Feb. 12, 2021

How to approach Stoney Nakoda smudging teachings on campus — in a good way

Protocols specialist Elissa Twoyoungmen and Elder Una Wesley share the healing power of smudge and its importance at UCalgary
Smudge is a traditional ceremony protocol from an Indigenous perspective. Colleen De Neve

For many Indigenous cultures in Canada, using smudge for medicinal purposes and spiritual ceremonies is a frequent practice. The procedure generally involves prayer and the burning of sacred medicines like sweetgrass, cedar, sage and tobacco.

The practice of smudging in larger institutions like the University of Calgary is encouraged through the vision and goals of ii' taa'poh'to'p, UCalgary’s Indigenous Strategy. Smudging on campus is a good way to transform how UCalgary approaches education, learning and engaging with one another in meaningful discourse.

Elissa Twoyoungmen, UCalgary’s Indigenous cultural engagement and protocol specialist, says, “Smudging is an opportunity and a chance to practise ceremony on campus. This is a great way to involve the campus community in Indigenous ways of knowing and ground many of the interactions that happen within our campus community.”

When do we smudge?

For the Indigenous Engagement team and other special events hosted by ii' taa'poh'to'p, smudging ceremonies most often take place at the beginning of a gathering, creating a culturally safe space for authentic dialogue, decision-making, and good intentions at an individual and collective level.

Indigenous Peoples across Canada are diverse, with distinct languages, lifestyles, and cultural practices. While various Nations may have different cultural approaches to smudging, they typically share certain common teachings. Those include a spirit of kindness, humility, and gratitude evoked through prayers to the creator for all our relations — human beings and all living things.

Smudging ceremonies include a distinct mixture of regional sacred plants gifted from Mother Earth to the people. When burned in small amounts, the sacred plants' smoke has cleansing and healing powers and carries the people’s prayers to the Creator.

Smudging on campus

The University of Calgary is a smudge-friendly campus with many buildings that allow smudging. Below is a list of spaces and places pre-approved for smudging.

  1. MacKimmie Tower, 7th floor meeting rooms
  2. Writing Symbols Lodge
  3. Vitruvian Space, Dining Centre

While smudging is permitted in other places and spaces on campus, there may be some stipulations on access, and the configuration of the buildings may require a Hot Work Permit from the Risk office.

Smudging ceremony remotely

Even in our new digital environment, the gesture of smudging is the same: to set good intentions and practice. Knowledge Keepers who conduct smudge ceremonies over Zoom encourage participants to take a moment to ground themselves before an event or meeting.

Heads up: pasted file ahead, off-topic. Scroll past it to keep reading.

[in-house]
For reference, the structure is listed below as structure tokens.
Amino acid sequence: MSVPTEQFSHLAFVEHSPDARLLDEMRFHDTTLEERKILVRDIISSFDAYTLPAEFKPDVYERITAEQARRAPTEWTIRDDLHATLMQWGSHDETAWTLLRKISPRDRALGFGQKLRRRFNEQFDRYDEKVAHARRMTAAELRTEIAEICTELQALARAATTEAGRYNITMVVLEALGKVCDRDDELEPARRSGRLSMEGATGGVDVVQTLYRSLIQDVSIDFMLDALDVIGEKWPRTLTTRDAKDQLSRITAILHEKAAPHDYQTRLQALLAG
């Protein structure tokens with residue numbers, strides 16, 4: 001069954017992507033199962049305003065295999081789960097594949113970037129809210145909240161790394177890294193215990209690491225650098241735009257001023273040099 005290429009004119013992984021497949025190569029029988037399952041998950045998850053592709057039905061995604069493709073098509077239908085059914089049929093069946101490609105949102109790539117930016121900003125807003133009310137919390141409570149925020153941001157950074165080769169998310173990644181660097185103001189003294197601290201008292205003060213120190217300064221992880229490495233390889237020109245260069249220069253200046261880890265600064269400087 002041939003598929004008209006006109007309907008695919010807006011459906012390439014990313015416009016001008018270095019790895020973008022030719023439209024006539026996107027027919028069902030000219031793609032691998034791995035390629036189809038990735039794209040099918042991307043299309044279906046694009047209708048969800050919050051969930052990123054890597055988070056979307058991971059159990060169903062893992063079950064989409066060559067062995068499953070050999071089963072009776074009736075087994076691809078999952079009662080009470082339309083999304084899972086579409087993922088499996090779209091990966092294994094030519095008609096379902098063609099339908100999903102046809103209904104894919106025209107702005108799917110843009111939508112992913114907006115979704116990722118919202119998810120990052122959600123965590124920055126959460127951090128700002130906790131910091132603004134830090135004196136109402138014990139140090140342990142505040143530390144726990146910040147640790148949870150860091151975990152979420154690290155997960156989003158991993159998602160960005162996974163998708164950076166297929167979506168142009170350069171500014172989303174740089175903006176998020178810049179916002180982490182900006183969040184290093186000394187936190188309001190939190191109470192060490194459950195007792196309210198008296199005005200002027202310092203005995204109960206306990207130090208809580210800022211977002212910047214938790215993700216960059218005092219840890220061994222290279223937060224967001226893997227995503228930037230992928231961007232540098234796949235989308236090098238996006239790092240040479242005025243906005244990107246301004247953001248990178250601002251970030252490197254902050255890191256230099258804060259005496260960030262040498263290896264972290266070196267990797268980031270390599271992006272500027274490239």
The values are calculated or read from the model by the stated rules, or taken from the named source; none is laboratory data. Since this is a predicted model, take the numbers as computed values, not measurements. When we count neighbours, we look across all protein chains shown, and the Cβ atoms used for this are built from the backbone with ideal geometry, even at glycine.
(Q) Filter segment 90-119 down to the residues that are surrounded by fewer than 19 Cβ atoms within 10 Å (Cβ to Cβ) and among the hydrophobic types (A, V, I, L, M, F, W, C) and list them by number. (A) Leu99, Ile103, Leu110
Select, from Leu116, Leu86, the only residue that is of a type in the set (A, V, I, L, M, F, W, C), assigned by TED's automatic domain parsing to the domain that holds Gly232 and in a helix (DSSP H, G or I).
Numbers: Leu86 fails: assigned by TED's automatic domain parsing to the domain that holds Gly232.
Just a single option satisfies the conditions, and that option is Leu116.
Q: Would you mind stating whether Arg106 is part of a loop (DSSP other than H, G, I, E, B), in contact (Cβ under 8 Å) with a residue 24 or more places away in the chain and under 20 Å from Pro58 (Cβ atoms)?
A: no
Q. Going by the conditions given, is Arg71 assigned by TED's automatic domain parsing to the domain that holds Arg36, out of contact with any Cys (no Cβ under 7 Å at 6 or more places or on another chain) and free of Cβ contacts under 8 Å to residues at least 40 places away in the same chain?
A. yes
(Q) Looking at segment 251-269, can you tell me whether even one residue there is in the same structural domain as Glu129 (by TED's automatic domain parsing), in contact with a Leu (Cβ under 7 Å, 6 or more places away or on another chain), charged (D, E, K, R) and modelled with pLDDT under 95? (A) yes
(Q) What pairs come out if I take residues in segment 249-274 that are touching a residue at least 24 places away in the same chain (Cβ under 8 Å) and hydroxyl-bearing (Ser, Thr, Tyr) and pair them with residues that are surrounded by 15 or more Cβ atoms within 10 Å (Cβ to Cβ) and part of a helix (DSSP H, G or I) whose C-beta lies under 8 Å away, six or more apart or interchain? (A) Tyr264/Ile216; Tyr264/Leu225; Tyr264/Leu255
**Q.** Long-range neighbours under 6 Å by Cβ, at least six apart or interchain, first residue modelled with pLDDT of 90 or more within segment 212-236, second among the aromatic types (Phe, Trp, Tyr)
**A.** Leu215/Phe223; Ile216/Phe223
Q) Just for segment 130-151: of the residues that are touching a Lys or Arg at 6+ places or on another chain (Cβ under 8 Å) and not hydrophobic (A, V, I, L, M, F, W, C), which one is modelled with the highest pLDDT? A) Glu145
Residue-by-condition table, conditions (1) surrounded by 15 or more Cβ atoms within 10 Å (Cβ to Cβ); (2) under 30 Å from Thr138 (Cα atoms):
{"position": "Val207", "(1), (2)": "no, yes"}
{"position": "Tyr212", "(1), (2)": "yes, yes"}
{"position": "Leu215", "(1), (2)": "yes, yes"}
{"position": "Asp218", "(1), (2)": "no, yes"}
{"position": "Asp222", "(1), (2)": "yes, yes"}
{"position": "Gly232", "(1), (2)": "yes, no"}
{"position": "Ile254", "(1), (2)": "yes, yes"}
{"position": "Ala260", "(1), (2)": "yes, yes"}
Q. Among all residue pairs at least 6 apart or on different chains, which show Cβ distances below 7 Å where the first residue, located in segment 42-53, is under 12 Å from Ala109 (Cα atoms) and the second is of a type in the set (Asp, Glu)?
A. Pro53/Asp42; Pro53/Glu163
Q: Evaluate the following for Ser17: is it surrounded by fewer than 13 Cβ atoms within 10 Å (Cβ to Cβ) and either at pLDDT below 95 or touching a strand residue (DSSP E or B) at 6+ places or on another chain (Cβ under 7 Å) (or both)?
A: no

Who can smudge?

Within gatherings of people, smudges are usually led by an Elder or spiritual leader, though anyone can perform their smudging ceremonies in private. Twoyongmen says, “A general rule of thumb if you are not sure if it is appropriate for you to smudge: Reach out and ask.”

Twoyoungmen is happy to connect with the UCalgary community to direct them to Knowledge Keepers who can lead a smudge-in ceremony.

Una Wesley, Stony Nakoda Elder

For Stoney Nakoda Elder Una Wesley (White Buffalo), an essential part of understanding smudge is knowing the power of one’s thoughts and emotions. Wesley says, “When we participate in a ceremony from an unobserved self-awareness, we will fail to see the self-actualization that ceremony can provide.”

After recently losing her grandson, Wesley credits the power of smudge for her healing.

Wesley tells of the grizzly bear claws and how they are not as strong when the grizzly first comes out of hibernation. We all one day must emerge and make our mark or path wherever we go in life.

Mother Earth provides and creates balance. Ceremony and prayer are what lead people into healing. Stay grounded and humble and observe the importance of the connection between mind, body and spirit.

How do I work with a Knowledge Keeper?

Genuine, reciprocal relationship-building is essential for working with Traditional Knowledge Keepers for ceremonial activities, both large and small. UCalgary community members are encouraged to read ii' taa'poh'to'p's Cultural Protocol Guidelines for more detailed information about the process and navigating honoraria.

ii’ taa’poh’to’p, the University of Calgary’s Indigenous Strategy, is a commitment to deep evolutionary transformation by reimagining ways of knowing, doing, connecting and being. Walking parallel paths together, “in a good way,” UCalgary is moving toward genuine reconciliation and Indigenization. 

For more information about the Indigenous Strategy and upcoming events, please visit the Office of Indigenous Engagement website.